Los Angeles: Media and entertainment giant Time Warner Inc. reported a fourth-quarter loss, hurt by a previously expected $24.2 billion writedown for its cable, publishing and AOL assets.
The company predicted flat earnings in the year ahead as it takes on major restructuring charges amid a declining advertising market.
“We’re considering that the tough advertising environment continues,” Chief Financial Officer John Martin told analysts on a conference call. “While it doesn’t assume any considerable improvement, it also doesn’t assume that things are going to get much worse.”
Shares fell 18 cents, or 1.8%, to $9.60 in midday trading.
The New York-based company, which owns Time magazine, cable networks CNN and HBO and the Warner Bros. movie studio, posted a loss of $16.03 billion, or $4.47 per share, in the three months to 31 December. That compared with a profit of $1.03 billion, or 28 cents per share, a year ago.
Quarterly results were dragged down $4.70 per share mostly due to the $24.2 billion writedown.
Time Warner had anticipated the writedown, predicting in January that it would record an operating loss for the fourth quarter and the full year.
Excluding the writedown, adjusted earnings were 23 cents per share.
Revenue dipped 3% to $12.31 billion from $12.64 billion.
Analysts polled by Thomson Reuters forecast earnings of 26 cents per share on revenue of $12.71 billion. Analysts’ estimates typically exclude one-time items.
Martin said Time Warner predicted flat earnings per share in 2009, compared with profit of 66 cents per share in 2008, adding that “it could swing a few pennies in either direction.”
The outlook includes a charge of $250 million to cover restructuring at AOL and Warner Bros., units that last month announced cuts of 700 jobs and 800 jobs respectively to cope with the weak economy. Cuts at AOL are expected to save $250 million annually starting this year, while the $100 million charge at Warner Bros. was expected to pay for itself in 2010 and 2011.
At AOL, revenue slid 23% to $968 million as subscription revenue tumbled 27% and ad sales dipped 18%. The company ended the year with 6.9 million Internet-access subscribers, down 573,000 from September.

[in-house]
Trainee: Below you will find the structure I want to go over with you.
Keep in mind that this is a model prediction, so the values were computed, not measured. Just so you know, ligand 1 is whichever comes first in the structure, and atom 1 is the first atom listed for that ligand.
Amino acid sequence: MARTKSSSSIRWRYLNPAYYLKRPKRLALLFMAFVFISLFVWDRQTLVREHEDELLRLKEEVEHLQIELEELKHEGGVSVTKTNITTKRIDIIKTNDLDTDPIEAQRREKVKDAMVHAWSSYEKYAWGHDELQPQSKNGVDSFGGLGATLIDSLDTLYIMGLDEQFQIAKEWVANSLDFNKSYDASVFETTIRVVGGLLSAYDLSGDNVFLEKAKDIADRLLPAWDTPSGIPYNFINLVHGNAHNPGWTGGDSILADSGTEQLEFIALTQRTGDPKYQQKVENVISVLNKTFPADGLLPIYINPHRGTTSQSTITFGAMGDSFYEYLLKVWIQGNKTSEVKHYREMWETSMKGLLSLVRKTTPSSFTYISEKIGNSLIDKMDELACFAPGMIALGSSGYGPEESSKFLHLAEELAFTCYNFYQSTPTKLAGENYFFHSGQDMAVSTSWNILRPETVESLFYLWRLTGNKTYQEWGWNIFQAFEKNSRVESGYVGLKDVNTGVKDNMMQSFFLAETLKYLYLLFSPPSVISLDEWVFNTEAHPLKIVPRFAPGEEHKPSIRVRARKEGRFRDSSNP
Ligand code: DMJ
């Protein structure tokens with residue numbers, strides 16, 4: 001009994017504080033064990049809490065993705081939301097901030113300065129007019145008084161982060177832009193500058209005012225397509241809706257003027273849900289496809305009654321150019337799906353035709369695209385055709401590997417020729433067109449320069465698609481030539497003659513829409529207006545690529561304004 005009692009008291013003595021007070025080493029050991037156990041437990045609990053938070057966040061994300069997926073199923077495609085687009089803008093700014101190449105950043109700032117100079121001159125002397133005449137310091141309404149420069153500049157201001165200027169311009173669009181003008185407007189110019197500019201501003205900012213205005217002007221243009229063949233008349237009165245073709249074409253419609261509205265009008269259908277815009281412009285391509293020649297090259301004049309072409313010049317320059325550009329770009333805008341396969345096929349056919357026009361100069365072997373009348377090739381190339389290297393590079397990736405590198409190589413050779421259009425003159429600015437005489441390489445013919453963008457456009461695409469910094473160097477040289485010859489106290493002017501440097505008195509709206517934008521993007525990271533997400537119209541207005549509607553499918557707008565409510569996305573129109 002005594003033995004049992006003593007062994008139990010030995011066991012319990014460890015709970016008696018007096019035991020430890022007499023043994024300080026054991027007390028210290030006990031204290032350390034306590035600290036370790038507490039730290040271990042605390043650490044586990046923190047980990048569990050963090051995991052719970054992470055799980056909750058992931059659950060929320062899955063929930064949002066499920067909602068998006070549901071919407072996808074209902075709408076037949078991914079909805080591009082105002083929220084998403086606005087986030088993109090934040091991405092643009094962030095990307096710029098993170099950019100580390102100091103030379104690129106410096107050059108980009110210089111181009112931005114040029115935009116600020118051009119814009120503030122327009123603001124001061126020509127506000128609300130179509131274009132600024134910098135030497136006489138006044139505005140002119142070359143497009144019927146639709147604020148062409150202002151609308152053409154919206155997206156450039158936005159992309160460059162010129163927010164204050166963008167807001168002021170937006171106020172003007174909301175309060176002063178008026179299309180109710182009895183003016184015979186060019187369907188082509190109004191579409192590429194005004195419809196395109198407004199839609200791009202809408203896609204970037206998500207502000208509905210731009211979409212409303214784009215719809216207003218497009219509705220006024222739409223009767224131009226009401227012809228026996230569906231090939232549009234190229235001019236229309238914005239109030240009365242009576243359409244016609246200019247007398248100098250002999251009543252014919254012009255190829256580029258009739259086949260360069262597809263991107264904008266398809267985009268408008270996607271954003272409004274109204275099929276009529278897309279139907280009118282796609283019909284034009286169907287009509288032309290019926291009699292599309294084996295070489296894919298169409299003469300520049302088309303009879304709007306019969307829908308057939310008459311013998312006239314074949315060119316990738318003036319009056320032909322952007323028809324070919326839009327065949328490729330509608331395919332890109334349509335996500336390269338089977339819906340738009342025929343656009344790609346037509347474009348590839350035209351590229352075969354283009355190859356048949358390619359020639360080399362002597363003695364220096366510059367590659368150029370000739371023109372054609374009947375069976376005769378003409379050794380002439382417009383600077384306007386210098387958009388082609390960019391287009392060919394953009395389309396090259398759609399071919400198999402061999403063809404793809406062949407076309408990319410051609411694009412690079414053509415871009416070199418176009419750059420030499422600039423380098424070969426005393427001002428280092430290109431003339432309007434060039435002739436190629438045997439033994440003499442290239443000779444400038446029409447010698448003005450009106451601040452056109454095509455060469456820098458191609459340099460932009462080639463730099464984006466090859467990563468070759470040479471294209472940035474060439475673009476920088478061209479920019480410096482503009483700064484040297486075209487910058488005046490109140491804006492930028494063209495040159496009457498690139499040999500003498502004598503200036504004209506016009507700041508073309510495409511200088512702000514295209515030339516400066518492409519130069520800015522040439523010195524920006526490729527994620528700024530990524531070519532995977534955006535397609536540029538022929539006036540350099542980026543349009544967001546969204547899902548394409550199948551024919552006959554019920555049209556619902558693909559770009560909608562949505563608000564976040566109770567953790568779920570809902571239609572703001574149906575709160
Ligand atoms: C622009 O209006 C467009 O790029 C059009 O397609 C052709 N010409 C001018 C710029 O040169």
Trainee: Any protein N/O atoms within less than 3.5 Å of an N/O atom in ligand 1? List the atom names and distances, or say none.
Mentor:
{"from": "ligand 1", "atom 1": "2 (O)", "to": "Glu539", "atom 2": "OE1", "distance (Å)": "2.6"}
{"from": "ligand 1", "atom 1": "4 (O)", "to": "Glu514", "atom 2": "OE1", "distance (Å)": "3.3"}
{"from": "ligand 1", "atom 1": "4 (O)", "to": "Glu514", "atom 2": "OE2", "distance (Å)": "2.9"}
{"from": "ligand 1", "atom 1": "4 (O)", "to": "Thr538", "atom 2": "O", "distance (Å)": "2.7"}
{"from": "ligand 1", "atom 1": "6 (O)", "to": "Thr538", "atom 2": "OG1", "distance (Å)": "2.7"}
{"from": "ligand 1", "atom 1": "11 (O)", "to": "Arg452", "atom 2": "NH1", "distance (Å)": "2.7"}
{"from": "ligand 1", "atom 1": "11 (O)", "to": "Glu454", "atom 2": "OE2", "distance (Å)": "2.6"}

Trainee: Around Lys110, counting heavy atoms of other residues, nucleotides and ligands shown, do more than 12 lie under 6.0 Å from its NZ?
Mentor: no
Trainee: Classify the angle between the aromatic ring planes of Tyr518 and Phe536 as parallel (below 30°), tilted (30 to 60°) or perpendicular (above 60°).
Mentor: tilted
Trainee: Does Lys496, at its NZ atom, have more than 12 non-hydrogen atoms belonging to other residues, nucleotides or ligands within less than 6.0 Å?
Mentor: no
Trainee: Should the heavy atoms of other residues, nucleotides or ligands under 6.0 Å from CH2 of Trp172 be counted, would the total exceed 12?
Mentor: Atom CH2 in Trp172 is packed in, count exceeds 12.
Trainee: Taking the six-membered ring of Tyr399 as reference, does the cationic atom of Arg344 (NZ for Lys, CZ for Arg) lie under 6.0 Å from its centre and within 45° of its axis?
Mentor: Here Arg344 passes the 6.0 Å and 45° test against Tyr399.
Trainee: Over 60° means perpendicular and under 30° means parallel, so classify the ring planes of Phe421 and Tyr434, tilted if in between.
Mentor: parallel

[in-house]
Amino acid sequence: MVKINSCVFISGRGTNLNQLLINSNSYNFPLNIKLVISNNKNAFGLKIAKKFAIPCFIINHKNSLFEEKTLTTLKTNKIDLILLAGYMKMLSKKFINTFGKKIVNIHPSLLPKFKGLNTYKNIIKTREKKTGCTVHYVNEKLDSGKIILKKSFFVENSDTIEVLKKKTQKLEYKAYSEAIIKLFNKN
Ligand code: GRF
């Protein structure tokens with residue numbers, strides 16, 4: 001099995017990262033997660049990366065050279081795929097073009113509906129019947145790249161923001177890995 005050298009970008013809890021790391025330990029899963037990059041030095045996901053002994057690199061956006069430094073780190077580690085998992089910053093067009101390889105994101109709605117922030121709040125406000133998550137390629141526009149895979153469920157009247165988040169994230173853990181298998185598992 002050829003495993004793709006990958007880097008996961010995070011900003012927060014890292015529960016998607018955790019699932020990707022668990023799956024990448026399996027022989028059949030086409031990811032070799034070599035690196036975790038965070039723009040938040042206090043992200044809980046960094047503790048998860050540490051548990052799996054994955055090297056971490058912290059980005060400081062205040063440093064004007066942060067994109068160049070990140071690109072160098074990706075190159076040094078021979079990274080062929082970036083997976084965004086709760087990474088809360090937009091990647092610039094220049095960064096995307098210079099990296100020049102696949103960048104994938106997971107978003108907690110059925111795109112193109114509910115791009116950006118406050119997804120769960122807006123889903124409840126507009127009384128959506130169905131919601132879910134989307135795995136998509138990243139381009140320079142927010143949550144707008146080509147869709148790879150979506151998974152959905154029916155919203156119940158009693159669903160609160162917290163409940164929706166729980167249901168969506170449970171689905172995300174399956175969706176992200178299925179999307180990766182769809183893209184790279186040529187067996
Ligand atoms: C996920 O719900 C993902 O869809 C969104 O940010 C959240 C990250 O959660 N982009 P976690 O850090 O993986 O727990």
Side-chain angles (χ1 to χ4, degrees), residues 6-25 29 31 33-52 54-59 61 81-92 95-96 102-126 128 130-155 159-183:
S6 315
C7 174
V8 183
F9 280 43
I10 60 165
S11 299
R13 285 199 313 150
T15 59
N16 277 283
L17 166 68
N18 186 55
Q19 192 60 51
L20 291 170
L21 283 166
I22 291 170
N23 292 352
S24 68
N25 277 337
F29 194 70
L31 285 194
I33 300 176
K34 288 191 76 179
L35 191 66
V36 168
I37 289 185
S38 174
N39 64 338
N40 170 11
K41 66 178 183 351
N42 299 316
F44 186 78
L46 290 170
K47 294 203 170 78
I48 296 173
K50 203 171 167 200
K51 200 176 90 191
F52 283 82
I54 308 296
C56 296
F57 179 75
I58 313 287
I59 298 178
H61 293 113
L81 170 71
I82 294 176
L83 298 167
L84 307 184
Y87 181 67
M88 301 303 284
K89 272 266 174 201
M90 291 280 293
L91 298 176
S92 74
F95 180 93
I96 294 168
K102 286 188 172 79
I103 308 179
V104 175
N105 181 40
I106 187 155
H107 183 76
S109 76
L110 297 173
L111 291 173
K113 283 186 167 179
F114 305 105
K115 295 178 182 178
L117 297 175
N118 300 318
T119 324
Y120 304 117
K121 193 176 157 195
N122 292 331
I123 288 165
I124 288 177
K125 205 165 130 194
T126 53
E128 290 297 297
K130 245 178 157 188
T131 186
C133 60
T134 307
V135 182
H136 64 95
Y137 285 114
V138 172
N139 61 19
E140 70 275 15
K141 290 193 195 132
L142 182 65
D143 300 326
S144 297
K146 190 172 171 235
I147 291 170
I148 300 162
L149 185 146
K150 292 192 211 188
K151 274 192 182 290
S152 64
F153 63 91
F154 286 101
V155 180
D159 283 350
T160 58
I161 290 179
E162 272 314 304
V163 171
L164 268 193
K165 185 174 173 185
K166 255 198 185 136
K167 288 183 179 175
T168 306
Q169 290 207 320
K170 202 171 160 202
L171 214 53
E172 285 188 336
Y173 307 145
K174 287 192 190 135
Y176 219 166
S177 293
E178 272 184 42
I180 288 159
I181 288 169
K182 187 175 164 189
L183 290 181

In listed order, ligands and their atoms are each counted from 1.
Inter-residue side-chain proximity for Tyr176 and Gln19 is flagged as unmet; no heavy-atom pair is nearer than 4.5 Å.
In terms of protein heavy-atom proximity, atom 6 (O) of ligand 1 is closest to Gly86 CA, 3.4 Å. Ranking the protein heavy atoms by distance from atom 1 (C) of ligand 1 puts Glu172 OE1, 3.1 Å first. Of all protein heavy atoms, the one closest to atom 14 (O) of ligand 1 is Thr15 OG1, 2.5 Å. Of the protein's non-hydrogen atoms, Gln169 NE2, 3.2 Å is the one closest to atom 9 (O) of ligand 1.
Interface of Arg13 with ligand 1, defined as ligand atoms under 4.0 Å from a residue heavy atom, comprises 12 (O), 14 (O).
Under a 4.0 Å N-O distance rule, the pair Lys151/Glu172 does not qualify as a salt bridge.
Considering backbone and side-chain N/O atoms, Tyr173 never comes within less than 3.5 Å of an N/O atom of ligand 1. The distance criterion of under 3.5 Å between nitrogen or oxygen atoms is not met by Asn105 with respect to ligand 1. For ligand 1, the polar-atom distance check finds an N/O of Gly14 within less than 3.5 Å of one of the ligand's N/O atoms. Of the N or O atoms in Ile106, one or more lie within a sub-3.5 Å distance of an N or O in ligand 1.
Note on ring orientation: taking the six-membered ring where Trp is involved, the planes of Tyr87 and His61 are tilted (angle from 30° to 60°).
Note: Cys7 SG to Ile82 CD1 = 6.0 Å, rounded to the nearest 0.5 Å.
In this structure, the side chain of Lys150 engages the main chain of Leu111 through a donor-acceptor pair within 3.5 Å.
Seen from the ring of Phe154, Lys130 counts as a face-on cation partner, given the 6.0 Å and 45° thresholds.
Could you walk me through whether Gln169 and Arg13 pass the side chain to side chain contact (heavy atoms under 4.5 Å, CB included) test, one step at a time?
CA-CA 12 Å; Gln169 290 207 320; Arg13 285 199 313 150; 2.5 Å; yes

Chief Executive Jeffrey Bewkes said Time Warner continued to be open to merging or selling off its AOL division.
“AOL management is pretty flexible and aggressive about looking at any opportunity to strengthen their position, whether it’s in combination with somebody or not,” he said.
Time Warner Cable revenue rose 8% to $4.4 billion, while filmed entertainment revenue dropped 11% to $3.1 billion, despite the smash success of “The Dark Knight,” which was released to the home video market in December.
Time Warner is nearing completion of the Time Warner Cable spinoff, which it anticipated would close in the first quarter. The cable company will pay a one-time dividend of $9.25 billion to Time Warner.
The move is expected to help the remaining company better focus on its strengths in content, especially if it can also shed all or part of AOL, acquired as part of AOL’s $106 billion purchase of Time Warner in 2001.
Time Warner Cable said Wednesday it is laying off 1,250 people over the next few weeks in the face of slowing growth, a move it expects will save $90 million a year.
Revenue from Time Warner’s networks, which include HBO and Turner Broadcasting, climbed 9% to $2.9 billion.
The publishing division reported a 13% decline in revenue to $1.3 billion, primarily pulled down by a 20% drop in ad sales.
For the year, the company reported a loss of $13.4 billion, or $3.74 per share, compared with profit of $4.39 billion, or $1.17 per share, in the previous year.